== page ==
Heading into the second race of the season, the question must be asked – “How can we live up to the excitement of the season opener Down Under?”
We had everything from Kamui crashes, title favourite retirements, noise tantrum nonsense, and Red Bull peril.
Going into the Malaysian Grand Prix weekend however, the focus has shifted somewhat (as it tends to do in Malaysia) from the cars themselves, to the Sepang circuit itself.
Here at Badger, we’ve been looking at the top five factors to be wary of in Asia this weekend.
Tyre Deg. Yep, it’s back.
You all thought you’d seen the back of it, but after rumblings from the first two practice sessions, apparently not. Lewis Hamilton told Sky Sports that the track was ‘just too hot’ for the Pirellis. A glance at the race simulations on the medium compound tyre certainly suggests that Red Bull and Ferrari have made gains since Australia, with Mercedes, as in 2013, looking a little worse for wear in comparison.
The three-pointed-star have the out-and-out pace as demonstrated in qualifying, but can they go the tyrethreatened distance?
It wouldn’t be Sepang without the threat of rain, would it?
Memories back to the eventually abandoned 2009 race and the monsoon stricken 2000 race are ever prevalent when the sport shows up in Malaysia, and soon became a reality once again at the start of Q1.
In a fascinating way, we even saw the rare sight of a full wet tyre in its natural habitat on an open track, without the guidance of a safety car. The wonders never cease.
It’s hung over pre-season since the turn of the year, and in Australia many people’s fears were realised when Mercedes were at LEAST 0.8 of a second faster in race trim. OK, so Hamilton’s race ended before it really started, proving reliability clearly isn’t of the highest standards quite yet, but it’s a widely held notion that along with Williams, Mercedes are strong both in the reliability and speed departments.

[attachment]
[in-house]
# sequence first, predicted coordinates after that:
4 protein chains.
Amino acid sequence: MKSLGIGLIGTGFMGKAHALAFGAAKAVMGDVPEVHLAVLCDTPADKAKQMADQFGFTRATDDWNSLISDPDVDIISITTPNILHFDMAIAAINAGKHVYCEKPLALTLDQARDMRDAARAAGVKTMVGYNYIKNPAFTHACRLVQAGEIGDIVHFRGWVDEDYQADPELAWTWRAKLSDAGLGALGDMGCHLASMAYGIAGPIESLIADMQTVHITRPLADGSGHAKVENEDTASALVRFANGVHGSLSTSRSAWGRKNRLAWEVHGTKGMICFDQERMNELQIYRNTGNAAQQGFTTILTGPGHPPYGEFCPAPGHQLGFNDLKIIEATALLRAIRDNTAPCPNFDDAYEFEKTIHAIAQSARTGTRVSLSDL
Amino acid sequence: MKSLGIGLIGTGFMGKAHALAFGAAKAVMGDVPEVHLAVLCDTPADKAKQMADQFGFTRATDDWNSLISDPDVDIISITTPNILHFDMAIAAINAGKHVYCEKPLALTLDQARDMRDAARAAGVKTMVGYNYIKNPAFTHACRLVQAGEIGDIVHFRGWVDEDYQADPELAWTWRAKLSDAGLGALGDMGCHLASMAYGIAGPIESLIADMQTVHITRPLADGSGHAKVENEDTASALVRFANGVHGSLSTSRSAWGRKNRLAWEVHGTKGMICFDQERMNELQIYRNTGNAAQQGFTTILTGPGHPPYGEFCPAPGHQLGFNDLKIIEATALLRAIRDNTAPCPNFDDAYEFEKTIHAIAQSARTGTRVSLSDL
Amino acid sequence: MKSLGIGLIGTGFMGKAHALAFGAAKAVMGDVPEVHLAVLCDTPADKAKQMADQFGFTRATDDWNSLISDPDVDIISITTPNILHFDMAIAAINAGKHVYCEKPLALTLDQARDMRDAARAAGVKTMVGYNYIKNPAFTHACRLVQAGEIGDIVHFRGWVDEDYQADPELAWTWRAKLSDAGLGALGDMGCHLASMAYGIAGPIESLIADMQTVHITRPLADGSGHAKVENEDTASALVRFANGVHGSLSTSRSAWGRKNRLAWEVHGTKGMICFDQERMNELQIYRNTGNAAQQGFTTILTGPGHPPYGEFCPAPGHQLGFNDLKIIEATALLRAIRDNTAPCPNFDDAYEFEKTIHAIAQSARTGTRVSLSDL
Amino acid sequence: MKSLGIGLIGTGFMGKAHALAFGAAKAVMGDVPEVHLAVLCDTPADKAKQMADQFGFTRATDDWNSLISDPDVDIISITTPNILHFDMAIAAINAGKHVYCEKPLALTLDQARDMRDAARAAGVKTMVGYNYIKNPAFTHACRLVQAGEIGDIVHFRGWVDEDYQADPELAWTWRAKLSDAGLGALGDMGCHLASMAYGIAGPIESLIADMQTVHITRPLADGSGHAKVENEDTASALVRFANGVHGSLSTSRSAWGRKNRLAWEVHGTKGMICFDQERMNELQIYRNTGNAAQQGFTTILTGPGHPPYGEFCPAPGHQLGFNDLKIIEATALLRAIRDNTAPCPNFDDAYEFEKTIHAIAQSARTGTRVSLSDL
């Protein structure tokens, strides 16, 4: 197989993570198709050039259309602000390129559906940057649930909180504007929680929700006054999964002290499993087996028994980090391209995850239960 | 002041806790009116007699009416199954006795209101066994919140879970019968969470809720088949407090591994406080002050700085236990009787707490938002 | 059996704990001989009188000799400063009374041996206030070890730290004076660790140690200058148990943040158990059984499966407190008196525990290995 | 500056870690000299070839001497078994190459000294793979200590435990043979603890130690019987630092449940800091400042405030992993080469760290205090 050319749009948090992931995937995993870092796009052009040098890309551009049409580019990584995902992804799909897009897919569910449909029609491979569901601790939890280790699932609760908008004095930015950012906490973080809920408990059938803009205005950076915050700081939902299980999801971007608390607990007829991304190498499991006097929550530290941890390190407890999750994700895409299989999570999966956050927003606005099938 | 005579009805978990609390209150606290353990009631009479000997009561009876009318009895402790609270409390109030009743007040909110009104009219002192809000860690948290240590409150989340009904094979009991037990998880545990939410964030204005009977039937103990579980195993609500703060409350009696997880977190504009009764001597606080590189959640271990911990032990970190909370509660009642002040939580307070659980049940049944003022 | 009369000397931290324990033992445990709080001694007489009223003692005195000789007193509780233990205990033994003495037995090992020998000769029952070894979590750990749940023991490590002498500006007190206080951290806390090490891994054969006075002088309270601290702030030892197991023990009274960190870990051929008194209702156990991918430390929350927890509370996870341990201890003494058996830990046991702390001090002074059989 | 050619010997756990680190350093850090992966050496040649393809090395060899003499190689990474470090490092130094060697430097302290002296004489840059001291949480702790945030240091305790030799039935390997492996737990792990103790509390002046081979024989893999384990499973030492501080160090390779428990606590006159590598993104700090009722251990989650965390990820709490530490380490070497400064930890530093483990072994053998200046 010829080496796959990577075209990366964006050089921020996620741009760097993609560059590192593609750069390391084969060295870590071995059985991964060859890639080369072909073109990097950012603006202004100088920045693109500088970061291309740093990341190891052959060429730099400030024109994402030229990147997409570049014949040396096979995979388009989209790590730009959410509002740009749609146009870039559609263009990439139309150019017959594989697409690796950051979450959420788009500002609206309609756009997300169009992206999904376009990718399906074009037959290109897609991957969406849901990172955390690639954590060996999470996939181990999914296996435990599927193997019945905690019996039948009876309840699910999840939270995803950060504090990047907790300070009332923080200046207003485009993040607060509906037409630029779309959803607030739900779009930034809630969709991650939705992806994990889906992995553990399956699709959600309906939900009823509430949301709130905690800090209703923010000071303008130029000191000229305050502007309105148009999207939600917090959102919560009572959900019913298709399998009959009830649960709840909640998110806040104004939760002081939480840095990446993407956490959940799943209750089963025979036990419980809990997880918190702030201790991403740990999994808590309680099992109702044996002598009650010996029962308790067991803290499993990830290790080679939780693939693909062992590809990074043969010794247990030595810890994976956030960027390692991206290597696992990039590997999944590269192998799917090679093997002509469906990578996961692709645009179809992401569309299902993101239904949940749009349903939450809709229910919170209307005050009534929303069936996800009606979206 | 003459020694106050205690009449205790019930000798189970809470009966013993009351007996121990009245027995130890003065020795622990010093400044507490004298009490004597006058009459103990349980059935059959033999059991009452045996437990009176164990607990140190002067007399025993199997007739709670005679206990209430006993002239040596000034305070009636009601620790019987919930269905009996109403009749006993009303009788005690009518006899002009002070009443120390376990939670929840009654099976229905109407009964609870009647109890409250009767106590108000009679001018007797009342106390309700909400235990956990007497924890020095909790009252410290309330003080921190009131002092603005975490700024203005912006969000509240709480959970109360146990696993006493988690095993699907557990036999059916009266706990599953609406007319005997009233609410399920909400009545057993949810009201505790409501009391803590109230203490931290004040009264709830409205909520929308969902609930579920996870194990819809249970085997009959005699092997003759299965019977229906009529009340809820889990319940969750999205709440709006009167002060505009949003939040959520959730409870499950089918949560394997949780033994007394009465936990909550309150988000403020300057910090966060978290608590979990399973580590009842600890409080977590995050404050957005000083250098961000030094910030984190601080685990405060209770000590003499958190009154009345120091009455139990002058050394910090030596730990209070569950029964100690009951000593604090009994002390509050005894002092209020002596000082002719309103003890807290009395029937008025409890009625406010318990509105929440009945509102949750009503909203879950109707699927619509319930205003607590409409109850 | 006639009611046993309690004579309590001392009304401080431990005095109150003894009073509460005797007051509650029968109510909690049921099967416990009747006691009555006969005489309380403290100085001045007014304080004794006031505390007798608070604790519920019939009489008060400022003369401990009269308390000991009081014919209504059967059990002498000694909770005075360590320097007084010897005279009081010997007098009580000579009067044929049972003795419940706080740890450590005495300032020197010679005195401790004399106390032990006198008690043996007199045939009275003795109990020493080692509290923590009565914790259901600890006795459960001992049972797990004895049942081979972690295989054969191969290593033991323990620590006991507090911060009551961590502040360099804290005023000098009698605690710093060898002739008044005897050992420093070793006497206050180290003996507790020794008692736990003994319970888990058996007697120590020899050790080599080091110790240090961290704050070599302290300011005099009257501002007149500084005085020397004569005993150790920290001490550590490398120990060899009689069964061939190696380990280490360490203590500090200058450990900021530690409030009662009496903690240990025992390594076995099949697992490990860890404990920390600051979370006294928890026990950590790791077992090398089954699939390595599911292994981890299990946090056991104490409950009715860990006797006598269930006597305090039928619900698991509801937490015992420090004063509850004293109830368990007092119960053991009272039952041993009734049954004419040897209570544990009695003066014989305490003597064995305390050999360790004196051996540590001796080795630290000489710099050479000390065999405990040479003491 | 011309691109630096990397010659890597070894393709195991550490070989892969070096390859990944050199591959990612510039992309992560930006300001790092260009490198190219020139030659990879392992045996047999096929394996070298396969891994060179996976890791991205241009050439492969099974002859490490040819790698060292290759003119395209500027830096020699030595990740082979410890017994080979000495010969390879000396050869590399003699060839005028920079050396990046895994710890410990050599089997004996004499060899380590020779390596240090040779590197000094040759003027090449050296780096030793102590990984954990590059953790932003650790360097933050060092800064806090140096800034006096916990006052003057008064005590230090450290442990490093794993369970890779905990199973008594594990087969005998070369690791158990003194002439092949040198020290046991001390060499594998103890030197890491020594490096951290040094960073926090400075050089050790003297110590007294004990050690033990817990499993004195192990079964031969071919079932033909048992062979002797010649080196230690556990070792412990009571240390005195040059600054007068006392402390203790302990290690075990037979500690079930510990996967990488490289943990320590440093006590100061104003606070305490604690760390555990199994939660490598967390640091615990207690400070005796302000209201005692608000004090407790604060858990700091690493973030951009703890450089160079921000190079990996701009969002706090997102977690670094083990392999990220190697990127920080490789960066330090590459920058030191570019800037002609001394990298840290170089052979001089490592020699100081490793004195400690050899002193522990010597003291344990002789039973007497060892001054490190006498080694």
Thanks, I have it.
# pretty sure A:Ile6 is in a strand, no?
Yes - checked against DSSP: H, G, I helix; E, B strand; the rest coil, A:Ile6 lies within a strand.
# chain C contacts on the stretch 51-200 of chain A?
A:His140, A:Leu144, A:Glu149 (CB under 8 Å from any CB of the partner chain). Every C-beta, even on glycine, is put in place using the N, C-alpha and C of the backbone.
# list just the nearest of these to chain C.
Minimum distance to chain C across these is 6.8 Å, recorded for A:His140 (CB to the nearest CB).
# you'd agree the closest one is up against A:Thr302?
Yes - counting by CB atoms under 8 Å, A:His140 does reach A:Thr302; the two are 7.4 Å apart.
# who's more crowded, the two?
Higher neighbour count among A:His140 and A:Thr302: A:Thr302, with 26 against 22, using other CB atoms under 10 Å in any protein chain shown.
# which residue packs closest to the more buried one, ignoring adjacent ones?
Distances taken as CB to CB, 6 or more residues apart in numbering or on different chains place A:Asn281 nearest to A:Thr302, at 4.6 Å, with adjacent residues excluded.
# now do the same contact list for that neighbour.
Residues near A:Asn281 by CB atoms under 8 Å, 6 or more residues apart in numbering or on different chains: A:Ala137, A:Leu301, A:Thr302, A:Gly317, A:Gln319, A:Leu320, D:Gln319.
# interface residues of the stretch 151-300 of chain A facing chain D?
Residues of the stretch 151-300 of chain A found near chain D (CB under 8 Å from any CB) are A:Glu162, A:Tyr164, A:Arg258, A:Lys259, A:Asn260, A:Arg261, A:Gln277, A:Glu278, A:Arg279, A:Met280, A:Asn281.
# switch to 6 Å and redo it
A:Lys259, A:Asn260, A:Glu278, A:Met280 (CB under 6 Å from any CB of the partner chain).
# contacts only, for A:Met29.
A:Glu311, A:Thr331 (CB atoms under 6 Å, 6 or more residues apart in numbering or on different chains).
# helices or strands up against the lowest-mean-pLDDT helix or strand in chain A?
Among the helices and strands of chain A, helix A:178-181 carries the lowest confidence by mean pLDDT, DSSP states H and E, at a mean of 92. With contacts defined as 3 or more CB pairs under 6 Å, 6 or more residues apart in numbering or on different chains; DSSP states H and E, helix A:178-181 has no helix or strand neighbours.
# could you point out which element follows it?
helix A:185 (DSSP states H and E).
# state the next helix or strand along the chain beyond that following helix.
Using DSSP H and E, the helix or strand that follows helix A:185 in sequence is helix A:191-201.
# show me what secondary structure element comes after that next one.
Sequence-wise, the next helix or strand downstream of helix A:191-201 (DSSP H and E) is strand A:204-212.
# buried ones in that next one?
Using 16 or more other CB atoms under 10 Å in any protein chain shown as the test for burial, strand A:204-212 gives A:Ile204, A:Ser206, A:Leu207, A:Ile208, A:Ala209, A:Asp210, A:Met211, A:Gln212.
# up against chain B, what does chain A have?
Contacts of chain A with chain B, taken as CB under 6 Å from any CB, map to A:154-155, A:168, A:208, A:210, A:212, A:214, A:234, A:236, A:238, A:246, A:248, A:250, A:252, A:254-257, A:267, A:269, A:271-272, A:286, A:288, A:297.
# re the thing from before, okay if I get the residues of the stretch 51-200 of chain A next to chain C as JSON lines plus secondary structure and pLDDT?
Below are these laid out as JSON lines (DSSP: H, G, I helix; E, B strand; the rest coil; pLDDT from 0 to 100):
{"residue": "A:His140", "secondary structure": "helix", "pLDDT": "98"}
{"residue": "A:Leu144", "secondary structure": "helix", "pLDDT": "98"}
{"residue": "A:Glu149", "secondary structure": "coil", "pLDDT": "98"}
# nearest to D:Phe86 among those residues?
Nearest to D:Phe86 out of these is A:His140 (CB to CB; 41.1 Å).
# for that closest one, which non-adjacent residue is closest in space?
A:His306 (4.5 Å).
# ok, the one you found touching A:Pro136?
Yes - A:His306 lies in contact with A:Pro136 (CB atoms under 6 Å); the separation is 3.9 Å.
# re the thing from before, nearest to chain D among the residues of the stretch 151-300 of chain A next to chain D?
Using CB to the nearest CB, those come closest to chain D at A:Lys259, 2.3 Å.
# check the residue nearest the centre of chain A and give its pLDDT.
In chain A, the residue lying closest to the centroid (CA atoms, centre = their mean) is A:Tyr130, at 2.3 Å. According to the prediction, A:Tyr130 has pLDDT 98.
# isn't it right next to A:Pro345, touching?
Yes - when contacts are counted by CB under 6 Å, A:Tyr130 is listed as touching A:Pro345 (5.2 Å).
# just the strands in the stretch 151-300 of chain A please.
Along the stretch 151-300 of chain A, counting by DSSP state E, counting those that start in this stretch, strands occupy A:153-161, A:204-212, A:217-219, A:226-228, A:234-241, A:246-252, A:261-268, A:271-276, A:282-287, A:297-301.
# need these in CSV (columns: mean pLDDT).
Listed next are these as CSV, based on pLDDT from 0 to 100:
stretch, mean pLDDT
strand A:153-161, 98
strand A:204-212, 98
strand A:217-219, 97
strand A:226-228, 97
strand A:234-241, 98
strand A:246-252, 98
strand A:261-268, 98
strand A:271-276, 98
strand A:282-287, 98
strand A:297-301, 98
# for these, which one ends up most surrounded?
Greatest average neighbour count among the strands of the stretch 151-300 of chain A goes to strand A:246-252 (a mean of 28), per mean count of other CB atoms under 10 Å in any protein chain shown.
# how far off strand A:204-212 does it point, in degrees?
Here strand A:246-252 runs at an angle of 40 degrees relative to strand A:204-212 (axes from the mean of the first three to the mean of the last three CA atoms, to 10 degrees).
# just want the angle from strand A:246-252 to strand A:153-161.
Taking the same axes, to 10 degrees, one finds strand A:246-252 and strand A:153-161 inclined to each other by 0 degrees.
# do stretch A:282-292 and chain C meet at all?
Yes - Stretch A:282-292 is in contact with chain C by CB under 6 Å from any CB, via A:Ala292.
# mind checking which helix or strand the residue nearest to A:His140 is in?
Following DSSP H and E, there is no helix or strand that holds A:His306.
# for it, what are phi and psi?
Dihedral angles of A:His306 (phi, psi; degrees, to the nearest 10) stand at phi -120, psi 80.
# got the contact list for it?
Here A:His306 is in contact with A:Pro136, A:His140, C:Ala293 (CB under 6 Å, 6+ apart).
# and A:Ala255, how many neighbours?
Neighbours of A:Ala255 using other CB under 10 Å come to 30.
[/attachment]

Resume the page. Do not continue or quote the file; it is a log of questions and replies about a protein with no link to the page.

In other news, we hope Toto Wolff will continue to utter those immortal words in that sweet sweet accent… ‘POWERTRAIN’.
With the Sepang circuit boasting two ma-hoosive straights, the powertrains are going to be putting in some serious work over the course of tomorrow’s race, and with varying degrees of success. Whilst reliability still lingers as the predominant fear, the figures through the speed traps are to become more and more the focus throughout the year as teams and fans alike concentrate more and more on lap time.
Thus far in Malaysia for example, the Mercedes-equipped cars have been at a significant advantage in a straight line, with figures in yesterday’s practice sessions showing them to have on average a 5kph benefit over, for example, the RB10s of Sebastian Vettel and Daniel Ricciardo. That, with the two drag strips, contributes to a serious deficit of eight-tenths to a second on the straight and narrow. Ouch.
Second Time Lucky for Williams?
So again, as in Australia, the introduction of rain to qualifying has seemingly wiped out Williams promising pace in the dry, hinting that their quick-looking car is all POWER and not that much downforce.
Either way, should tomorrow’s race break the trend of the last two days at Sepang and remain dry, you’d have to expect Williams revival of the magnitude that Valtteri Bottas demonstrated two weeks ago.
Lets not forget that were it not for Kamui getting back into the swing of things and crashing into others (like the unfortunate Massa), and Bottas getting way too chummy with the wall on their first date, Williams were absolutely odds-on to grace the podium for the first time since Pastor Maldonado’s victory at the 2012 Spanish Grand Prix. So look out for a Martini-blessed charge.
Anyhow, Martini always has been better off dry, hasn’t it?